Summary

We spent 6.4 hours reading reviews from experts and users. In summary, this is what training geeks think:

7 reasons to buy

  • Many power- and weightlifting aficionados lauded the Adidas AdiPower Weightlifting Shoes for their sturdiness and support.
  • According to many expert reviewers and testers, the shoe was durable and capable of lasting several years, even with regular use.
  • Despite the tough exteriors, several users noted that they were still comfortable due to the soft textile lining and a form-fitting leather upper.
  • Some athletes appreciated the elevated heel, noting some improvement in their form when squatting.
  • Priced at $200, they were considered very expensive; but a significant number of weightlifting enthusiasts deemed them worthy of the price due to their high durability and performance.
  • The adjustable hook-and-loop instep strap was able to give a secure foothold, which was welcomed by a lot of users.
  • Weightlifting pros also credited the weightlifting-centric design for improving their performance during heavy squats, low bars, and bench presses.

2 reasons not to buy

  • The metal eyelets had a tendency to fall off, as reported by a small number of users.
  • Some wearers had also complained of the rigidity of the shoe; it needed to be broken in before becoming completely comfortable.

Bottom line

The AdiPower Weightlifting Shoes became the favorite of many weightlifters due to the secure fit as well as a strong and solid structure. The higher heel height helped maintain proper lifting form and lower squats.

Despite the high price, the shoe was found to be cost-effective for its long-lasting durability and high performance.

For more, check our guide to the best training shoes

Facts

Rankings

Top 7% most popular training shoes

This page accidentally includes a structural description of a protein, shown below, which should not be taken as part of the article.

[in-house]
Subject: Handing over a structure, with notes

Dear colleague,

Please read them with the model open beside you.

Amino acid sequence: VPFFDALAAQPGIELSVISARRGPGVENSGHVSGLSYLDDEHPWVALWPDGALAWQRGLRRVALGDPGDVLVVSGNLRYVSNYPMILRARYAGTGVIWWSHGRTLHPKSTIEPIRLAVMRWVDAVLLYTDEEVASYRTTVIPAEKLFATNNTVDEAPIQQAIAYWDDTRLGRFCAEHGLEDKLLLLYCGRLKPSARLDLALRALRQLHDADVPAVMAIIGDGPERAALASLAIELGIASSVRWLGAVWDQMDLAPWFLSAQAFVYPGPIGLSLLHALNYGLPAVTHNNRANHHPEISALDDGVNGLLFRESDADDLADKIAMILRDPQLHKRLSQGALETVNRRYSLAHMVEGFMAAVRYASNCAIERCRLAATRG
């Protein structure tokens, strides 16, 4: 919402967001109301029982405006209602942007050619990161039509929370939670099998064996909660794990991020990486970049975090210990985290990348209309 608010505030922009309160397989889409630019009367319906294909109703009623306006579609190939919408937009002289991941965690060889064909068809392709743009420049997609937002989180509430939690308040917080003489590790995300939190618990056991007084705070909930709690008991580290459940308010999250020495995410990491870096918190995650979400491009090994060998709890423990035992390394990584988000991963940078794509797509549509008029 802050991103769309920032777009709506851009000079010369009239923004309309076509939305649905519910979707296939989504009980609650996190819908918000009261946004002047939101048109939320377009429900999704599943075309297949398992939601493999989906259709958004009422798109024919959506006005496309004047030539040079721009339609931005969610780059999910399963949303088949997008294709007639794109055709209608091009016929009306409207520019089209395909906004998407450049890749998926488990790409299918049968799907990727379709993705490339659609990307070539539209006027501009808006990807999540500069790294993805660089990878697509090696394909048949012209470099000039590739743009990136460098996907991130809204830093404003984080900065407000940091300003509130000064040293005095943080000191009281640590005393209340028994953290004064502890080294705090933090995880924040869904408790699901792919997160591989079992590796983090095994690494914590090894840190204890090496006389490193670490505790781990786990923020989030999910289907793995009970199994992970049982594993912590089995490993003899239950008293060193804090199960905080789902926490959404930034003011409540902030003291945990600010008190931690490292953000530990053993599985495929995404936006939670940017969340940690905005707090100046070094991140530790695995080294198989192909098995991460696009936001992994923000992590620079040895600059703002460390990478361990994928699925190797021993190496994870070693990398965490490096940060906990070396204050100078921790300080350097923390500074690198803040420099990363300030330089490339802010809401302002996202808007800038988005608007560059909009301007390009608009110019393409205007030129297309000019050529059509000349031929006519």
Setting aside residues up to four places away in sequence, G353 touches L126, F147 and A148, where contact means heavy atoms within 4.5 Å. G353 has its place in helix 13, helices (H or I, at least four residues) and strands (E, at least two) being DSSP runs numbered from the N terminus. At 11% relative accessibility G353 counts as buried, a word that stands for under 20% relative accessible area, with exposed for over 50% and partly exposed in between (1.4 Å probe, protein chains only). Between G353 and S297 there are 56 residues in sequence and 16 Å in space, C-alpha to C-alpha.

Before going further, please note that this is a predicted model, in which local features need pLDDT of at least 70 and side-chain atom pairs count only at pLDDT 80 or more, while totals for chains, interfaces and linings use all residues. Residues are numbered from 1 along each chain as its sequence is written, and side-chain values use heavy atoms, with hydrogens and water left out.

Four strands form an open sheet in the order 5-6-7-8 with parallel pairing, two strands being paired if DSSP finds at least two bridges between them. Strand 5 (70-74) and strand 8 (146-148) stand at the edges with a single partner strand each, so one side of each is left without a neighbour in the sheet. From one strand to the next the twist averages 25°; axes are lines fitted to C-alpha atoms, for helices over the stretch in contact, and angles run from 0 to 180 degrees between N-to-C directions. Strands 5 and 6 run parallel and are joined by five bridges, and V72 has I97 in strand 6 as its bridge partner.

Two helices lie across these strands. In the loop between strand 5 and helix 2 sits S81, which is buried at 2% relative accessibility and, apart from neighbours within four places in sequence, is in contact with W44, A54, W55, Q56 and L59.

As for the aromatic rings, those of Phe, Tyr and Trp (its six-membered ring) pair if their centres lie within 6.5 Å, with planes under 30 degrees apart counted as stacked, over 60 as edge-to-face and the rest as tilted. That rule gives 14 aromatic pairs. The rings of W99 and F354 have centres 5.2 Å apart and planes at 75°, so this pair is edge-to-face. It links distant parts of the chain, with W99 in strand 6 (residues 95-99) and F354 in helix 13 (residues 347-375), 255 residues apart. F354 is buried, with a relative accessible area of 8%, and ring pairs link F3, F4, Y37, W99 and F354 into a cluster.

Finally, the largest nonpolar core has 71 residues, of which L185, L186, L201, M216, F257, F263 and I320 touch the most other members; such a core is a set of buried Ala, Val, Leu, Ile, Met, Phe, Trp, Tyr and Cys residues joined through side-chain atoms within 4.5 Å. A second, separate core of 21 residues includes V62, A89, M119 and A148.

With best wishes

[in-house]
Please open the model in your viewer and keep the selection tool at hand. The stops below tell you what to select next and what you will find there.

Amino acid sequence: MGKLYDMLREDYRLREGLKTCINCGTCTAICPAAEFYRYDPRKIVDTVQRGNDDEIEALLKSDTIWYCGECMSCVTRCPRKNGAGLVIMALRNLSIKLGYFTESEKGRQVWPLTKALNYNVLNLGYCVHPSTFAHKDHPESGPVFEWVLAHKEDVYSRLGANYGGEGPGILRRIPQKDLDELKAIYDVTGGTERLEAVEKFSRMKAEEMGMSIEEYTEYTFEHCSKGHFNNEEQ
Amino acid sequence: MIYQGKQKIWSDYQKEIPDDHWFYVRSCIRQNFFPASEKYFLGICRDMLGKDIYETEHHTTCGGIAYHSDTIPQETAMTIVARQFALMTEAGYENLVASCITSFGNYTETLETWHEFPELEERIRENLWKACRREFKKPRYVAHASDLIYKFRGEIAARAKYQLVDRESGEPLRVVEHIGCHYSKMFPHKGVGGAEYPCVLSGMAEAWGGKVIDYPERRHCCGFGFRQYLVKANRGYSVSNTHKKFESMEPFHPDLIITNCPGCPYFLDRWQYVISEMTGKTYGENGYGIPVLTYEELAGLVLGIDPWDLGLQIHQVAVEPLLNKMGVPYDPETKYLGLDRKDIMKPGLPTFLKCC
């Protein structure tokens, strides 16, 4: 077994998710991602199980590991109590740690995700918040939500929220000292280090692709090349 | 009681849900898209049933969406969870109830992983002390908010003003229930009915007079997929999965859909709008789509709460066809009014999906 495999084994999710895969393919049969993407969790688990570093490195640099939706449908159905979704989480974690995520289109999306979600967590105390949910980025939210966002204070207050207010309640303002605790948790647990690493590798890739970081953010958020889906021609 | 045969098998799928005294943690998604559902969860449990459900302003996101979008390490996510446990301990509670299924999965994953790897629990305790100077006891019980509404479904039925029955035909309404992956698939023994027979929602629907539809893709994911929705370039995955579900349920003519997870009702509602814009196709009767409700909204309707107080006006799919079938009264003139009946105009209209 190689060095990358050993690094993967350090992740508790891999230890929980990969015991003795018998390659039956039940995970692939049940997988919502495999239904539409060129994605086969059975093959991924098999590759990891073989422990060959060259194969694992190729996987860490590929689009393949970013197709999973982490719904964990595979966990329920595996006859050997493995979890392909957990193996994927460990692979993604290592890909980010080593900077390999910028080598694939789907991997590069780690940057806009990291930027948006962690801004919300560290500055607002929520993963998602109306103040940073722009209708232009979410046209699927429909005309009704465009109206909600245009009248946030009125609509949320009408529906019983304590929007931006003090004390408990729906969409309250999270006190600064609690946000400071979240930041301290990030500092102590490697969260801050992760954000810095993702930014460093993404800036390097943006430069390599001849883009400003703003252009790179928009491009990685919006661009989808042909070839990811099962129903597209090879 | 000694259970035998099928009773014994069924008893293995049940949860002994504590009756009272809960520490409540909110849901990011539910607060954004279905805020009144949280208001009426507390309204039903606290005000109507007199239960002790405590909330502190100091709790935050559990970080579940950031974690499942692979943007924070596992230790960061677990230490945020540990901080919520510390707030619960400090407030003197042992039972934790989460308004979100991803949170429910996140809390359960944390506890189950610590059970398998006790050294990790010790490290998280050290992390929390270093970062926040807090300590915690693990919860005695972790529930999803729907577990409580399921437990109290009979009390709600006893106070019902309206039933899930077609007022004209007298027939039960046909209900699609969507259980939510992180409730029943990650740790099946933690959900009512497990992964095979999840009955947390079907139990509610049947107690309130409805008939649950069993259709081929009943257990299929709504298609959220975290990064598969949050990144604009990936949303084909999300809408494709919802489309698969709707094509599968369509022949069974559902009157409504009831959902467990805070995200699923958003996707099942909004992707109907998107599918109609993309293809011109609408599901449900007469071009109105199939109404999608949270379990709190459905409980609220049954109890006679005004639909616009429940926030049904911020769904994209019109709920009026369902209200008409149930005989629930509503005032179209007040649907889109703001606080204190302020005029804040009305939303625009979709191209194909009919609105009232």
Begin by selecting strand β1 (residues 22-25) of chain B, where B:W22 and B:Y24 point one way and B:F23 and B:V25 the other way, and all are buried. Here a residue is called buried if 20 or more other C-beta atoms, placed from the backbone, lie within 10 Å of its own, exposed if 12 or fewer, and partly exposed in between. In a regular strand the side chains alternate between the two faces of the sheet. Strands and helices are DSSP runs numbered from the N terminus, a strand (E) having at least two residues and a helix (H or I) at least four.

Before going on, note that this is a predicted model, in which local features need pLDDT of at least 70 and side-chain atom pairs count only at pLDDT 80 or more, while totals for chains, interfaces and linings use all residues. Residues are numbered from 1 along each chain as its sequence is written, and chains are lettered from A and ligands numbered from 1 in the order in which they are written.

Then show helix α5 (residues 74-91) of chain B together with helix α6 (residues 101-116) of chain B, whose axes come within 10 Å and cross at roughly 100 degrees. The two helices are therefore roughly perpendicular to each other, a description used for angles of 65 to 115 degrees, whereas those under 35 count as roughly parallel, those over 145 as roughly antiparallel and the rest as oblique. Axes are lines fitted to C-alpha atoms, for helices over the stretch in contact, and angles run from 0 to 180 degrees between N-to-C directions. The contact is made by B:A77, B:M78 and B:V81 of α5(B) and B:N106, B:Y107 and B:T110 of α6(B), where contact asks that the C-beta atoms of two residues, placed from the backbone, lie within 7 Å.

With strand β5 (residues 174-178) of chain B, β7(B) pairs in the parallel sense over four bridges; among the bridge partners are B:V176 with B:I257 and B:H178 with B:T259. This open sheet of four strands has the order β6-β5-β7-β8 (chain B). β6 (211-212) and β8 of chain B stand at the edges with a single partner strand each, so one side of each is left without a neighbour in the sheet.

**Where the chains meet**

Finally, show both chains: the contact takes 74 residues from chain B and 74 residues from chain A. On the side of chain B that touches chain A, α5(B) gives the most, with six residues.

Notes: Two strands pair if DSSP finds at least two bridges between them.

Reviews from around the internet

Expert reviews:

User reviews:

SportsShoes, Zappos and 22 other shops don't have user reviews

Video reviews and unboxing

This AdiPower trainer is designed with weightlifting in mind. It is structured with a weightlifting-engineered chassis to give a solid foundation.

The height of the heel section is about 20 mm (0.79 inches), which is an average heel height among weightlifting shoes from Adidas.

The shoe lends a compact fit, thanks to the form-fitting PU-coated leather upper and an instep strap. These give a secure foothold throughout the training session.

The outsole of the Adidas AdiPower Weightlifting Shoe is made from anti-slip rubber to ensure steadiness and firm grip. It is equipped with the VentFlow openings to keep the foot ventilated throughout the training session.

The midsole features a firm wedge which is made of solid thermoplastic polyurethane (TPU). It is a lightweight yet non-compressible material that is meant to add sturdiness to the shoe. 

The 20-mm heel allows for improved ankle mobility. It helps athletes in reaching lower squat depths while maintaining a proper posture. The same heel height is used in the 2nd version of the Adipower. However, the overall design of the new shoe receives a total makeover.

The Adidas AdiPower Weightlifting Shoe employs a PU-coated leather upper to provide a snug, yet comfortable fit.

The mesh tongue makes it extra breathable, while the hook-and-loop instep strap on top prevents the heel from slipping off the shoes.

The upper houses a weightlifting-engineered chassis that has been injected with a lightweight polymer for a structured construction softened by a comfortable textile lining.

Author
Nicholas Rizzo
Nicholas Rizzo

Nick is a powerlifter who believes cardio comes in the form of more heavy ass squats. Based on over 1.5 million lifts done at competitions, his PRs place him as an elite level powerlifter. His PRs have him sitting in the top 2% of bench presses (395 lbs), top 3% of squats (485 lbs) and top 6% of deadlifts (515 lbs) for his weight and age. His work has been featured on Forbes, Bodybuilding.com, Elite Daily and the like. Collaborating along the way with industry leaders like Michael Yessis, Mark Rippetoe, Carlo Buzzichelli, Dave Tate, Ray Williams, and Joel Seedman.

nick@runrepeat.com